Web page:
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Temporary morgue overflow facility to open in Marion County for expected COVID-19 death surge

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Posted at 11:12 AM, Apr 08, 2020
and last updated 2020-04-08 11:12:47-04

INDIANAPOLIS — A temporary morgue facility will be opening in Marion County to help with the expected surge in COVID-19 patient deaths.

The temporary facility will be used if the hospital morgue becomes overwhelmed over the next several weeks and will be staffed by the Marion County Coroner's Office. It can hold up to 750 bodies.

“Our first priority remains slowing the spread of COVID-19 and ensuring a high level of care for the individuals who may contract it, but protecting the health of our community also means preparing for a potential increase in deaths over the coming weeks” said Virginia A. Caine, M.D., Director and Chief Medical Officer of the Marion County Public Health Department. “While we hope much of what we are planning for is never needed, we must do everything we can to ensure Indianapolis first responders, health care workers, and coroners all have the tools, personal protective equipment, and facilities they need to serve residents through any scenario.”

The temporary overflow morgue will be available beginning Thursday and will be open for intake 24 hours per day, with funeral homes able to pick up decedents between 7 a.m. and 11 p.m.

“Being prepared to respond to an unprecedented public health crisis like the COVID-19 pandemic requires a new level of collaboration among public health and public safety agencies,” said Dr. Lee Sloan, Marion County Coroner. “Securing and standing up this temporary overflow morgue is just one example of the ways we are all working together to best provide for the needs of affected families during these challenging times.”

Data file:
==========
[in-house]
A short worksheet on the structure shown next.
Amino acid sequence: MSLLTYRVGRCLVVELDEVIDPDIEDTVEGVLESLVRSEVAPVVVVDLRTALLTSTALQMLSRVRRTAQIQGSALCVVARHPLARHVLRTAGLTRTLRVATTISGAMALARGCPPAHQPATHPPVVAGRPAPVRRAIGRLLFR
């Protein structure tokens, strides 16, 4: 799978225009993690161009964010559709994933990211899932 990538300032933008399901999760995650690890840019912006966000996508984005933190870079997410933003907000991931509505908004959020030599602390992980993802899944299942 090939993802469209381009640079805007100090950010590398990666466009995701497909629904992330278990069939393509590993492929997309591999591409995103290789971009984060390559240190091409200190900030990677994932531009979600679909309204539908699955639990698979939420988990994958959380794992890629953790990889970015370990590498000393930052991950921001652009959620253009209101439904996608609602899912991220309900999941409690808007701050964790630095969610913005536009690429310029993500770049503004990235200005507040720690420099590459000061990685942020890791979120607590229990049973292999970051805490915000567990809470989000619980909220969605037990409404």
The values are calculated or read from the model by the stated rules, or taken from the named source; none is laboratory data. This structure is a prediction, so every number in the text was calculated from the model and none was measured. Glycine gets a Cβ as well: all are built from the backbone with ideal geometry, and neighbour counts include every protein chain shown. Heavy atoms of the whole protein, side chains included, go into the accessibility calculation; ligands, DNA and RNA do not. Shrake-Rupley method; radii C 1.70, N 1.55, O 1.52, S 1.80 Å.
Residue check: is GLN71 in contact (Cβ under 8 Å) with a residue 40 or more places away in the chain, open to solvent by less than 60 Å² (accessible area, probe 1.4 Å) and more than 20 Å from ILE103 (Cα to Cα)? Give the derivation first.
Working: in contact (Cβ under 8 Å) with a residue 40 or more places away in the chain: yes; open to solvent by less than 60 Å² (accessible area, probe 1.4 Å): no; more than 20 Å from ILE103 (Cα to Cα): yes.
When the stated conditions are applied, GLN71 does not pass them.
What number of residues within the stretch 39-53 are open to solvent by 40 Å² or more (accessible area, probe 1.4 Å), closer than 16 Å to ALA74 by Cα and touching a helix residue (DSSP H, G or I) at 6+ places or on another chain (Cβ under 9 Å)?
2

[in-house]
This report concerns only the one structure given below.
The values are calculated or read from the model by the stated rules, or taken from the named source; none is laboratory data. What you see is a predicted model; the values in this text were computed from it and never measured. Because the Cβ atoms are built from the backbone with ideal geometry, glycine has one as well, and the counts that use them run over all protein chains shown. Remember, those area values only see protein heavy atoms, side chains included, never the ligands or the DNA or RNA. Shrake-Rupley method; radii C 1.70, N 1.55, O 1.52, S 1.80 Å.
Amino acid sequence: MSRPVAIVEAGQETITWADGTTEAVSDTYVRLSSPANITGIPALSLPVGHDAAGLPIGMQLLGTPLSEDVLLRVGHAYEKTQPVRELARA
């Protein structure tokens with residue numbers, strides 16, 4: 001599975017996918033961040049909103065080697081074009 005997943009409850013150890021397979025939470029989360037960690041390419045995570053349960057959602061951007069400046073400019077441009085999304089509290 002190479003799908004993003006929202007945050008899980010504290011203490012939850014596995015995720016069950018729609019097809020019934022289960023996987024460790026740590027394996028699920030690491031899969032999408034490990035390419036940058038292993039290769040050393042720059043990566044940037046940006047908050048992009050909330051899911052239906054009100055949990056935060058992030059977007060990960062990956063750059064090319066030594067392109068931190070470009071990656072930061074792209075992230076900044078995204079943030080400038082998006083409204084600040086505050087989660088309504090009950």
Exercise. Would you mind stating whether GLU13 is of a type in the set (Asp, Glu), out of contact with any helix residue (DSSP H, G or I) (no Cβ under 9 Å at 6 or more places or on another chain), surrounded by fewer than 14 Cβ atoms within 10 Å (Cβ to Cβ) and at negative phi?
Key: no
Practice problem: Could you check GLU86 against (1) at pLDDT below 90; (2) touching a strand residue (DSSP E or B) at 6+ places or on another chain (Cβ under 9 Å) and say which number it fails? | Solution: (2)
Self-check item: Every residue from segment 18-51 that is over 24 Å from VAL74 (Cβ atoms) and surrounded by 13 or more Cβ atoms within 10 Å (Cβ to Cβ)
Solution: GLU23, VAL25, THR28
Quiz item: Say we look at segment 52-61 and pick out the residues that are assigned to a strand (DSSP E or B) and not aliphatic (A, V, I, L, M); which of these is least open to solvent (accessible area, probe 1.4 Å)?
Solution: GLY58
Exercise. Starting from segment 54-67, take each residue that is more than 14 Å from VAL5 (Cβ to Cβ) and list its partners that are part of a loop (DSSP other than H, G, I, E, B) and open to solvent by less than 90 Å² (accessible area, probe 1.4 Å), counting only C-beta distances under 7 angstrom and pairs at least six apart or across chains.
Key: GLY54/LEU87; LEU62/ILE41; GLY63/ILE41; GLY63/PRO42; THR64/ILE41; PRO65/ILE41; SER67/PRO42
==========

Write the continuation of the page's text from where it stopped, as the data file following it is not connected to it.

The facility was acquired by a joint partnership between the Marion County Public Health Department (MCPHD), the Marion County Coroner’s Office, the Managed Emergency Surge for Healthcare (MESH) Coalition, and the City’s Office of Public Health and Safety.

Securing the building was part of ongoing planning and preparation efforts of the public health, safety, and service agencies that are coordinating the response to the COVID-19 pandemic in the Marion County EOC," the city said in a release. "These agencies are also working to coordinate a site for medical surge, care for individuals experiencing homelessness during the pandemic, and implement and update policies that minimize unnecessary exposure between first responders, health care professionals, and the public."

Other efforts include setting up the drive-through COVID-19 testing for frontline essential employees at the Indiana State Fairgrounds, as well as facilitating procurement and transportation of personal protective equipment (PPE) for first responders and healthcare workers in Marion County.


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